Protein: Choose Quality Over Quantity

I recently had the pleasure of speaking with Gigi about all things health, the Standard American Diet, and protein for a podcast. There were a few key takeaways I thought we should put down on paper for those who missed it or simply don’t have the time to listen!

First, let’s talk about protein. It’s essentially the building blocks of our body, the stuff that forms the structure of our cells, organs, tissues and enzymes. We couldn’t live without protein. It’s in everything—even bananas have protein. 

The most important piece of information to take away from our podcast is this: Most of our ancestors ate meat, but it was in very small amounts. It was eaten once a week as a treat or it was served in small portions alongside grains and vegetables, but it was never the centerpiece and never a daily event. Today, we've turned that around. Many Americans now eat animal protein three times a day, seven days a week, and many of us are afraid to follow pure vegetarian diets because we worry about not getting enough protein or eating “incomplete proteins" from plant sources. 

You do not have to be a registered dietitian, nutritionist or a doctor to have a finger on the pulse of what's going on. The fact is, we truly don't need to eat a complete protein in every bite of food or in every meal. Most Americans consume almost twice as much protein in their diet as people in any other country in the world. The Recommended Dietary Allowance (RDA) is .8 gram per kilogram of body weight or .36 gram per pound of body weight.  This equals roughly 50 grams of protein for a 150-pound person or about 10% of your calories, not more than 35%. The WHO recommends even less, landing at .66 gram per kilogram of body weight. In America we are getting 70 to 100 grams without even trying, daily.  The Journal of the Academy of Nutrition and Dietetics produced a study that found that, on average, even vegetarians and vegans get 70% more protein than they need every day (70+ grams).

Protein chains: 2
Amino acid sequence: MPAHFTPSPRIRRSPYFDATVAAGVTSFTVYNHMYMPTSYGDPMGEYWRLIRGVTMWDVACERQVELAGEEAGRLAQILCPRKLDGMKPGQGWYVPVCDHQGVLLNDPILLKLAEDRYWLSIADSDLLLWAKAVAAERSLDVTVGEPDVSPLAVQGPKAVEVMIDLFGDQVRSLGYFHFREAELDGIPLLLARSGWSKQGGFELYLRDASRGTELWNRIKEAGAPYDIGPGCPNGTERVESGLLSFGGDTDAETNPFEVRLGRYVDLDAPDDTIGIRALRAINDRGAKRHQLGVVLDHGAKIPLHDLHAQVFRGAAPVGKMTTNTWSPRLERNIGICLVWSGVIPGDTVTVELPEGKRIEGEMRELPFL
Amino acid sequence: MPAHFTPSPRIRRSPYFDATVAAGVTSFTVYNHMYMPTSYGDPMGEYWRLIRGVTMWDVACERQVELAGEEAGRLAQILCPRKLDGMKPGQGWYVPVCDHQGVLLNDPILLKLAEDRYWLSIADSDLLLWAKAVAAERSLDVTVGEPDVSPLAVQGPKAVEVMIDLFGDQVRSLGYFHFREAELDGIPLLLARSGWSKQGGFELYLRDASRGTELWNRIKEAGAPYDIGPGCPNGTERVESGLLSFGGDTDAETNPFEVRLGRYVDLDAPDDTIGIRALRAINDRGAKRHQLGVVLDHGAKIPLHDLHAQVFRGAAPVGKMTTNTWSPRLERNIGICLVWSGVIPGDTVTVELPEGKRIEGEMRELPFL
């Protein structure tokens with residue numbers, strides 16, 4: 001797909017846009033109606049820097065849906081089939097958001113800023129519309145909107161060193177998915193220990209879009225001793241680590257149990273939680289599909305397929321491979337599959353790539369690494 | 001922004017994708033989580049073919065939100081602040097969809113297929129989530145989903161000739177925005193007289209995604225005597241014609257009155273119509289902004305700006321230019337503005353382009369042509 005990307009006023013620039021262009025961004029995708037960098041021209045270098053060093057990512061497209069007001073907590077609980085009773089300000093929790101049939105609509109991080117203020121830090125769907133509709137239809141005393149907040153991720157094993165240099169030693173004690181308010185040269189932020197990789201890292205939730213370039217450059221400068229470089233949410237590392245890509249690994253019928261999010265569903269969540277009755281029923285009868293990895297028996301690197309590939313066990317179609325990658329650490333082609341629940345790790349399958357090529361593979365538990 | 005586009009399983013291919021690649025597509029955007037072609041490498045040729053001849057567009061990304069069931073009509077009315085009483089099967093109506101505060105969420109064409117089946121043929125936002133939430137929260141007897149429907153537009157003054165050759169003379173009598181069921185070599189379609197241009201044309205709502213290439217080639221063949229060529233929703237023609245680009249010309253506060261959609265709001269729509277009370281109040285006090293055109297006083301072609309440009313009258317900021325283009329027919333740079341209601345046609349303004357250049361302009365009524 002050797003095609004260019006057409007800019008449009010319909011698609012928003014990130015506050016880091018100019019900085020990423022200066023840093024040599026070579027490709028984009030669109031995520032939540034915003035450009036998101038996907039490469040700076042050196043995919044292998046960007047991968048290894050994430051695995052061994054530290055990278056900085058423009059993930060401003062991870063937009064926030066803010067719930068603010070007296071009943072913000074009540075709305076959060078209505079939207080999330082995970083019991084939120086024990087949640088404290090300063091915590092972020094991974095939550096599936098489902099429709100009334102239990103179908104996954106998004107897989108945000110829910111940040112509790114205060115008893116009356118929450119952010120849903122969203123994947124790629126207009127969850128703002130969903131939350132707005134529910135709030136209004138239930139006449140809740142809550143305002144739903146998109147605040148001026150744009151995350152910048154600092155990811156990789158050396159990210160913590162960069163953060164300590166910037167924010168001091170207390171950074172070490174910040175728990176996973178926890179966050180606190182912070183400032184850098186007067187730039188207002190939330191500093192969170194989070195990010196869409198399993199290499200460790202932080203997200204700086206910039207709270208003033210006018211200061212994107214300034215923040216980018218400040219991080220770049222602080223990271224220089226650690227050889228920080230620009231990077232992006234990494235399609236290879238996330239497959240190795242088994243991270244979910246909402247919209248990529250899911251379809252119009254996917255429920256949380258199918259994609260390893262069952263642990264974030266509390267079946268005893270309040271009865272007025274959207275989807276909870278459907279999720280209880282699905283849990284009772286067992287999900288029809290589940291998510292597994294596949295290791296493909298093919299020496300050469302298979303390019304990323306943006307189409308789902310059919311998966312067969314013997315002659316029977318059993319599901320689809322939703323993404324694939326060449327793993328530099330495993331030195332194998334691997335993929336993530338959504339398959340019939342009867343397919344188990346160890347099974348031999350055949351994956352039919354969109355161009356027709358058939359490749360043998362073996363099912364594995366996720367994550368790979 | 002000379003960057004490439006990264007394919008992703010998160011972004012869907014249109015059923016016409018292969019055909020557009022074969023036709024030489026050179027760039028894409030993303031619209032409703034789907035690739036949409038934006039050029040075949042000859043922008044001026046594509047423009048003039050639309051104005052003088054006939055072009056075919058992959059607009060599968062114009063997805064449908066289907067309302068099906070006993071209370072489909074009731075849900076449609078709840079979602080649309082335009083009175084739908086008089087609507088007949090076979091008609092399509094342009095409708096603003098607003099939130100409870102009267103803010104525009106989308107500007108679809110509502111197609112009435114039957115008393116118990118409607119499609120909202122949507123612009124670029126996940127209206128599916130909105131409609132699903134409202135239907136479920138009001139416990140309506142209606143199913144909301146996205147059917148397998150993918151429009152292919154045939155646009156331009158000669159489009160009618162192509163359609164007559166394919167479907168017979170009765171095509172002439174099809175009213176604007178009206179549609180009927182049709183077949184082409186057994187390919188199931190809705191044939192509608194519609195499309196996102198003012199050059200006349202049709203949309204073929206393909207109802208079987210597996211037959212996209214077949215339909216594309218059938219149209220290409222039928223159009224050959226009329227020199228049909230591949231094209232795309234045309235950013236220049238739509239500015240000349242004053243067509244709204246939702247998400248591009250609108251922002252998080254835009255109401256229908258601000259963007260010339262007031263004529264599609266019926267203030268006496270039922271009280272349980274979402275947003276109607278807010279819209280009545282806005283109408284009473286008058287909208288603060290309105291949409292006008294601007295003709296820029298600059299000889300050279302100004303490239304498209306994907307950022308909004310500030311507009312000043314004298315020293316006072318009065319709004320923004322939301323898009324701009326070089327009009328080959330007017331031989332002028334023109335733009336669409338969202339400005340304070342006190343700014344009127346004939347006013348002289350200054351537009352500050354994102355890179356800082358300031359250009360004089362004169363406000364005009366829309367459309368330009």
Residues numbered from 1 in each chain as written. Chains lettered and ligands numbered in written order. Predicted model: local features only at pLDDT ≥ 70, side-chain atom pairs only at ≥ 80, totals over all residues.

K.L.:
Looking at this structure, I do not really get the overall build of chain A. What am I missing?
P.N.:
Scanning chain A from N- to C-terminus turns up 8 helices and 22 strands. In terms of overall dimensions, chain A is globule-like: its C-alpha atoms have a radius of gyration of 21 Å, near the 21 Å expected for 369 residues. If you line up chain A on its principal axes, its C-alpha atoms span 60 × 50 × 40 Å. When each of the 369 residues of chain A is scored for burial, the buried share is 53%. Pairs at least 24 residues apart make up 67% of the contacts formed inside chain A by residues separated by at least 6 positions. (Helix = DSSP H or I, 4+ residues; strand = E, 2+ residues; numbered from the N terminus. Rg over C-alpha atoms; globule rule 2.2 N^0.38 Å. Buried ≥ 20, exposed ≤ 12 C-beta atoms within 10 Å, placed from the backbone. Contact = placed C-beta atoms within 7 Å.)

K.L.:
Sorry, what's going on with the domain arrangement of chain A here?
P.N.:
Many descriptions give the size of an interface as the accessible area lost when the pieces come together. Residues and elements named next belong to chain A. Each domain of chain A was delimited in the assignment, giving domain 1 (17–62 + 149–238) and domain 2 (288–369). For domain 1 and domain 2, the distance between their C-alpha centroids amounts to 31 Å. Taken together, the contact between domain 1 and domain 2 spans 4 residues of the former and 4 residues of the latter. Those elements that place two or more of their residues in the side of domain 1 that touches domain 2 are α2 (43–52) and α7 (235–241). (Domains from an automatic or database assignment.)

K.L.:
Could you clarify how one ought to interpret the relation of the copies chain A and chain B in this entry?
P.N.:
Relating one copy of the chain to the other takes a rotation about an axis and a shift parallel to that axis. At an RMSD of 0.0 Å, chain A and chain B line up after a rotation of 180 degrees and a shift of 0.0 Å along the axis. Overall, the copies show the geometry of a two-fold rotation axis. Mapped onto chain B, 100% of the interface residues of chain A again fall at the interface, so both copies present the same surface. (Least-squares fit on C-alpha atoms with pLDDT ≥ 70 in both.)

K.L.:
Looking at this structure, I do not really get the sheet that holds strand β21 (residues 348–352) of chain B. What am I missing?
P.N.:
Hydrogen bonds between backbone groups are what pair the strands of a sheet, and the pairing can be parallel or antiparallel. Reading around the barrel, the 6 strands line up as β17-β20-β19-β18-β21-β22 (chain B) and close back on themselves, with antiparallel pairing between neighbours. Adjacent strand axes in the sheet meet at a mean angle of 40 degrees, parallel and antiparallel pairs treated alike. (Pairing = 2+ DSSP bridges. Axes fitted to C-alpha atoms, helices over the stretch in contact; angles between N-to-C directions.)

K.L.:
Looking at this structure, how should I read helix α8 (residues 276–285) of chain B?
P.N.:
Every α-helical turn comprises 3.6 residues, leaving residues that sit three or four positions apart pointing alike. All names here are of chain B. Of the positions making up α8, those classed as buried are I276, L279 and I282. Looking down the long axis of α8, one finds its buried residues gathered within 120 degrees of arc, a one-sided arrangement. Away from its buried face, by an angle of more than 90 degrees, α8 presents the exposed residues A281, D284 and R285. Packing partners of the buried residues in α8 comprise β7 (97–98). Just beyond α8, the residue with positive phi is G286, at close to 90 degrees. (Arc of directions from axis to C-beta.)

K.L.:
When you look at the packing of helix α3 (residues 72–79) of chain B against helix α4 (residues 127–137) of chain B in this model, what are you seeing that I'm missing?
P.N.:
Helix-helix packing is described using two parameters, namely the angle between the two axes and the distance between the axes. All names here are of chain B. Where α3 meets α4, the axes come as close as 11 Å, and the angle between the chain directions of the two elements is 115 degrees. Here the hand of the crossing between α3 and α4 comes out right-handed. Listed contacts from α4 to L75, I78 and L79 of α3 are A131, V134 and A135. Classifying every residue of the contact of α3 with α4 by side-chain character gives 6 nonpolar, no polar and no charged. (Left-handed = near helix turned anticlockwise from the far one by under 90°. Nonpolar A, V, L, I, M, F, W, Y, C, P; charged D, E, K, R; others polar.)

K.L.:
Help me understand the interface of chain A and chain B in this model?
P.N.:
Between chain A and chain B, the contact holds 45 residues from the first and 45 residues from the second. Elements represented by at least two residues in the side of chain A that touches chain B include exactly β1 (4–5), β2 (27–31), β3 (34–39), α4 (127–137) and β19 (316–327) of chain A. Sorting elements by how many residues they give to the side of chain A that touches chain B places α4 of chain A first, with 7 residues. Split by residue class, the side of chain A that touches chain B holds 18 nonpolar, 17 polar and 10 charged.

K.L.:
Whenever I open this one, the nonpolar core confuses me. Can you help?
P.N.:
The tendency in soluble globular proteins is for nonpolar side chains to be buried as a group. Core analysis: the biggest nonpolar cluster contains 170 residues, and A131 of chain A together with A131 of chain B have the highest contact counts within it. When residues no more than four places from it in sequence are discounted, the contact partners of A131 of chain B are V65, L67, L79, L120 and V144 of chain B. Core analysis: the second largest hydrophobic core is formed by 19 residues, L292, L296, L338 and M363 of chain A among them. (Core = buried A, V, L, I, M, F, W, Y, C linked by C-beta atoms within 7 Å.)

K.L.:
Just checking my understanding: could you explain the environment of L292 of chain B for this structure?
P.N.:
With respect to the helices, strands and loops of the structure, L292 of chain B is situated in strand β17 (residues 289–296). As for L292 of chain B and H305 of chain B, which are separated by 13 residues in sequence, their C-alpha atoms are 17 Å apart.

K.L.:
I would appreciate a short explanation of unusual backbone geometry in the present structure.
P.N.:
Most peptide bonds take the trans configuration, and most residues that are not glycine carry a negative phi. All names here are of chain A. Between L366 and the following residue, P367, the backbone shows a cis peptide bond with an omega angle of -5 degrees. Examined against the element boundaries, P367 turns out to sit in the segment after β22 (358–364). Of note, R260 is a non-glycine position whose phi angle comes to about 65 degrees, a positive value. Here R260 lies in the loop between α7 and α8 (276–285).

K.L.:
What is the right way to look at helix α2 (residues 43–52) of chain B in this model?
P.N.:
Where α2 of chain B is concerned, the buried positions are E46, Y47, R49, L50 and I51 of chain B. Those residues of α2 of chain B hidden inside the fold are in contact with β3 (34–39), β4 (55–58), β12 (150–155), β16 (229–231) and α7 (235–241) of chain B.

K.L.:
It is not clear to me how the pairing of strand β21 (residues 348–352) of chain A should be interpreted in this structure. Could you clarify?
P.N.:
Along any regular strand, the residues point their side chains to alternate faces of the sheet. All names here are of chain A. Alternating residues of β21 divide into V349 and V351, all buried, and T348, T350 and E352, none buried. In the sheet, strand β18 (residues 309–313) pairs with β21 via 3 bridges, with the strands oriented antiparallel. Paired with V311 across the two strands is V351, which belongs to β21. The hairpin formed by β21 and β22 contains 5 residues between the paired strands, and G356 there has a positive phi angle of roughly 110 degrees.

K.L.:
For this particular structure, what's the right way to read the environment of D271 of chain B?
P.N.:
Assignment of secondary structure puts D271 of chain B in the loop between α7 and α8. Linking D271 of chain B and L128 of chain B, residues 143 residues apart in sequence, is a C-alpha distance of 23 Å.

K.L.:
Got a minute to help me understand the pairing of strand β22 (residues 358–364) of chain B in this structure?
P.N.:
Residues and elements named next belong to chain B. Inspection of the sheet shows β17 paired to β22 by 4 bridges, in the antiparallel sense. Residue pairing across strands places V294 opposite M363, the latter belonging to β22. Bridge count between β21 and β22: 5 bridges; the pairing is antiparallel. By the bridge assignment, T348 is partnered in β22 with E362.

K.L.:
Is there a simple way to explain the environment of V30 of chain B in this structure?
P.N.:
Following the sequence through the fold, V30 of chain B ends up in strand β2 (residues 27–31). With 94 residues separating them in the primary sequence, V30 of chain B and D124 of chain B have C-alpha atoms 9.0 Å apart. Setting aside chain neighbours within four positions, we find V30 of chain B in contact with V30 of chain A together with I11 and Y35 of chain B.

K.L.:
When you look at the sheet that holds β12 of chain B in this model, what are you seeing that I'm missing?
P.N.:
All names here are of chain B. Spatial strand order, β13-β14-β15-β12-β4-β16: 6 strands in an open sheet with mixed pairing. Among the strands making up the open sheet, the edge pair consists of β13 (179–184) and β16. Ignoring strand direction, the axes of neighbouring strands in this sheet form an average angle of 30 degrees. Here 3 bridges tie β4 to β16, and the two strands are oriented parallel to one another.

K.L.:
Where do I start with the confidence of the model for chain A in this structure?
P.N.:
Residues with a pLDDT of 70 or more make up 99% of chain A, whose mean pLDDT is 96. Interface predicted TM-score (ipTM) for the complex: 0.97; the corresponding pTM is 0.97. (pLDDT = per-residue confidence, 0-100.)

As a culture, protein deficiency in the U.S. is extremely rare.  Yes, I know some experts recommend even more than the above statistics, but why? The population with perhaps the highest life expectancy in the world—the Adventist vegetarians in California—doesn’t eat any meat at all. They are one of the five Blue Zones, which are hotspots across the globe with the highest percentage of centenarians. And guess what? The number-one thing Blue Zone populations are found to share after in-depth clinical trials is that they all eat 95% plants, very little animal proteins, and they never count or weigh anything. They are the longest-lived populations to date.  

Why are we so hyper-focused on protein in the U.S.?  We have women spiraling into disordered eating because a specialist told them they aren’t getting enough protein and they should start tracking and weighing if they want to remain healthy and live long.